Granta | The Magazine of New Writing

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A Play on David Rakoff

A.M. Homes

‘He was rare and singular.’

Africa’s Future Has No Space for Stupid Black Men

Pwaangulongii Dauod

‘The night was full of energy. The kind of energy that Africa needs to reinvent itself.’

Aftermath

Peregrine Hodson

‘We have to find a way to balance life with memory.’

All that Offers a Happy Ending Is a Fairy Tale

Yiyun Li

‘If you were like me, you would know the obsession of the compulsive reader: every street sign; every bottle label’

Ariel’s Song

Romesh Gunesekera

‘It is to Shakespeare’s pages I return whenever I feel I am sinking. There I can be sure to find a lifeline.’

Bad Dreams

Eli Goldstone

‘I could do nothing but lie there, locked inside my body.’

Bad Faith

Ken Follett

‘Every sect needs jargon. We did not have churches, we had halls; services were called meetings; the congregation was the assembly; elders were overseers’

Before They Began to Shrink

Nic Dunlop

‘The numbers killed at Aughrim that day will never be known.’

Best Book of 1766: Strange Tales From a Chinese Studio by Pu Songling

Dave Haysom

Dave Haysom on why Strange Tales From a Chinese Studio by Pu Songling is the best book of 1766.

Best Book of 1868: Dostoevsky’s The Idiot

Laurie Sheck

‘The beauty of The Idiot lies in its opposition to closed systems.’

Best Book of 1900: The Autobiography of Dr William Henry Johnson

Jennifer Kabat

‘Johnson is now a ghost of history; he doesn’t even have a Wikipedia page, but I can’t let him disappear.’

Best Book of 1926: Red Cavalry by Isaac Babel

Sun Yisheng

His is a force more penetrative than all the bogus machismo of Hemingway.

Best Book of 1941: Consider the Oyster by M.F.K. Fisher

Harriet Moore

‘This book is about yearning for the Sunday nights of childhood, or dreams; it is a meditation on hunger in all its forms.’

Best Book of 1943: ­Love In A Fallen City­ by Eileen Chang

Rowan Hisayo Buchanan

‘Eileen Chang writes perfectly for the romantic in an unromantic and unrelenting world.’

Best book of 1947: L’Écume des Jours by Boris Vian

Xiaolu Guo

‘In those spring nights, I sat by barbecue stalls in the streets of Beijing, reading this novel under dim streetlights while eating lamb skewers.’

Best Book of 1950: A Natural History of Trees by Donald Culross Peattie

James Pogue

‘Now more than ever environmentalists need to remember what it’s like to write for that real world.’

Best Book of 1955: The Magician’s Nephew

Josie Mitchell

‘Much like Tolkien’s, admittedly vaster, legendarium, Lewis’s world is exquisitely conceived.’

Best book of 1964: Last Exit to Brooklyn by Hubert Selby Jr

Lisa McInerney

‘In days of such human cruelty and pettiness and stupidity, we need reminding that we are all capable of savage compassion as well as the contagion of hatred.’

Best Book of 1965: Everything That Rises Must Converge

April Ayers Lawson

‘O’Conner has for me the effect of nailing and then blowing up one’s most casual illusions’

Best Book of 1967: Ice by Anna Kavan

Eli Goldstone

‘What a writer, and what a vision. What a perfect book to read in preparation for the end of the world.’

Best Book of 1970: Moominvalley in November

Aleksi Pöyry

‘This is a book I always return to for its melancholy tone, warm humour and psychological insight.’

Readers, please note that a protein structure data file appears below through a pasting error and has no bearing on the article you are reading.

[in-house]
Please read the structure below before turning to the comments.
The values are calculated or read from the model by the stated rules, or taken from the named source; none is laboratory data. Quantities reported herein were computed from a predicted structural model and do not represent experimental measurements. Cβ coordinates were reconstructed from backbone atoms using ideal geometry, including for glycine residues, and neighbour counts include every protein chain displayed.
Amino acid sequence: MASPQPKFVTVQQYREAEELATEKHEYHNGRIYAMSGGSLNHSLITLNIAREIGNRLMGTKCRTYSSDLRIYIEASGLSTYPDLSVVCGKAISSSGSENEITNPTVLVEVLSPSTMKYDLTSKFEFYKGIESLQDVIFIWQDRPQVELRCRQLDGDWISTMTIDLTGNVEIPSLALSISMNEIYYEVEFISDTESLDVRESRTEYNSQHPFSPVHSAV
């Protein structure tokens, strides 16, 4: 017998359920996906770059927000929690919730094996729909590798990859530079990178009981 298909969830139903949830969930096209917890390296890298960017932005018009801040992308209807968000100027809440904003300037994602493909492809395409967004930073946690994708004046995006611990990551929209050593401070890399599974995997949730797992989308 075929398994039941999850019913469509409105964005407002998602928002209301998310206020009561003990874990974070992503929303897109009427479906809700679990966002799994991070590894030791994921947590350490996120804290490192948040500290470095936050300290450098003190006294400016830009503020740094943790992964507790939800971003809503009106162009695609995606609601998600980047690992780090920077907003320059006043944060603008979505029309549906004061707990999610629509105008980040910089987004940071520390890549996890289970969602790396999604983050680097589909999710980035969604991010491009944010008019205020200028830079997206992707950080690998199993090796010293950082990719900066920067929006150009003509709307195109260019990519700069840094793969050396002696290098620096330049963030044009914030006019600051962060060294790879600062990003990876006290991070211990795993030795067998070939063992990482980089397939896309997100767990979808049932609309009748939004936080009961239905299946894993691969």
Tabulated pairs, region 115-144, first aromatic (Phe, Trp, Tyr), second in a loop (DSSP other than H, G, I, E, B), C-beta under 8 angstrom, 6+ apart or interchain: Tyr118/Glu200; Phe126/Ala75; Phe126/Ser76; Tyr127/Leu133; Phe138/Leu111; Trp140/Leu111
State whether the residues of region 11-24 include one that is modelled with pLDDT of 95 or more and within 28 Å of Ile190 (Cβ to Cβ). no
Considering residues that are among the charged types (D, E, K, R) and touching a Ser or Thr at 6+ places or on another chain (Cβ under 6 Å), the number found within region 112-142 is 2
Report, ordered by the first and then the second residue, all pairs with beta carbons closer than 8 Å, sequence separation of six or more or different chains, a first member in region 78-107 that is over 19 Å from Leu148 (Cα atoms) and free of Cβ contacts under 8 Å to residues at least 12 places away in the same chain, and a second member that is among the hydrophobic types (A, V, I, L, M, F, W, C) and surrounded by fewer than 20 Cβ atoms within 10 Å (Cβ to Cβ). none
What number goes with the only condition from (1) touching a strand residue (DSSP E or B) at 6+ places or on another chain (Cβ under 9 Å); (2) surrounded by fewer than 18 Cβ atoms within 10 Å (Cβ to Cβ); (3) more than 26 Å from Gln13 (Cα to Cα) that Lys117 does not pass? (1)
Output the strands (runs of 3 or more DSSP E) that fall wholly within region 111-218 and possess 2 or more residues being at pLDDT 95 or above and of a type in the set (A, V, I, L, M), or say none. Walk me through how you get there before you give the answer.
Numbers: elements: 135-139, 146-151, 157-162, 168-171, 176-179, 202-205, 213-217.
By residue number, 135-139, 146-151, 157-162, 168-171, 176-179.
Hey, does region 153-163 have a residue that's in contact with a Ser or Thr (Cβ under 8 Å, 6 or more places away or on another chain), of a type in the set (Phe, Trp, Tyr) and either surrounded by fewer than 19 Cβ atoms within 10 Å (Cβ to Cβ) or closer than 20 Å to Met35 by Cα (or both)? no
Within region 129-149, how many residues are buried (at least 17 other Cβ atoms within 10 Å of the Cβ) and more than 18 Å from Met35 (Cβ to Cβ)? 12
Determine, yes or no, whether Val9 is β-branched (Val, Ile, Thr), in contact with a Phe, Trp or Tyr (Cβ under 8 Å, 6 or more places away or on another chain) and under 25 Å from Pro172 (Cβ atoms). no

Best Book of 1971: Malina by Ingeborg Bachmann

Kevin Breathnach

‘The novel submits to an internalized discipline: it is an observation machine’

Best Book of 1982: Dictee by Theresa Hak Kyung Cha

Eleanor Chandler

‘While the terrible pain of speech is made clear, this book ultimately reminds us that we must not be silenced.’

Best book of 1983: The Piano Teacher by Elfriede Jelinek

Sophie Mackintosh

‘After 2016 I’m done with sentimentality, and it’s hard to think of a less sentimental book than The Piano Teacher, objectively a masterpiece, subjectively a book that changed my life.’

Best Book of 1991: Mao II by Don DeLillo

Colin Barrett

‘The ultimate goal of each act of art, each work of terror, is to demolish the old, incumbent reality, and create a new one.’

Best Book of 1993: Written on the Body

Melissa Febos

‘Influences imprint themselves on our consciousness as light does a photograph, or trauma the psyche’

Best Book of 1994: The Land of Green Plums by Herta Müller

Eliza Robertson

‘You'd have to have lived through that bleakness. You'd have to know with your body, your hands, your eyes, your mouth, the weight of that fear – how it’s not strictly describable.’

Best Book of 1998: 253

Carmen Maria Machado

Carmen Maria Machado on why Geoff Ryman’s 253 is the best book of 1998.

Best Book of 2000: The Last Samurai by Helen DeWitt

Anne Meadows

‘It is the novel I have read which best expresses the honest and sad truth of art: that it is often produced in precarity and performed in near silence, but that it can also redeem a life.’

Best Book of 2000: The Moral Obligation to be Intelligent

Will Boast

Will Boast on why Lionel Trilling’s The Moral Obligation to be Intelligent is the best book of 2000.

Best Book of 2008: Atmospheric Disturbances by Rivka Galchen

Mika Taylor

‘Rivka Galchen’s debut novel is one of my favourites from the last few years.’

Best Book of 2008: To the End of the Land, by David Grossman

Lily Dunn

‘David Grossman is a writer who speaks to the heart, and this is his masterpiece.’

Best Book of 2010: Mr Chartwell, by Rebecca Hunt

Emma Jane Unsworth

‘Hunt writes with brio, the visceral often blooming into the mystical.’

Best Book of 2013: When the World Became White by Dalia Betolin-Sherman

Mira Rashty

‘New poetic expressions can still emerge and evolve in Hebrew – an ancient and almost prehistoric language, with its grumbling sound’

Best Book of 2015: Thus Were Their Faces by Silvina Ocampo

Valerie Miles

‘Time is a rubber band, and in a single sentence, ghosts and alternative worlds superimpose’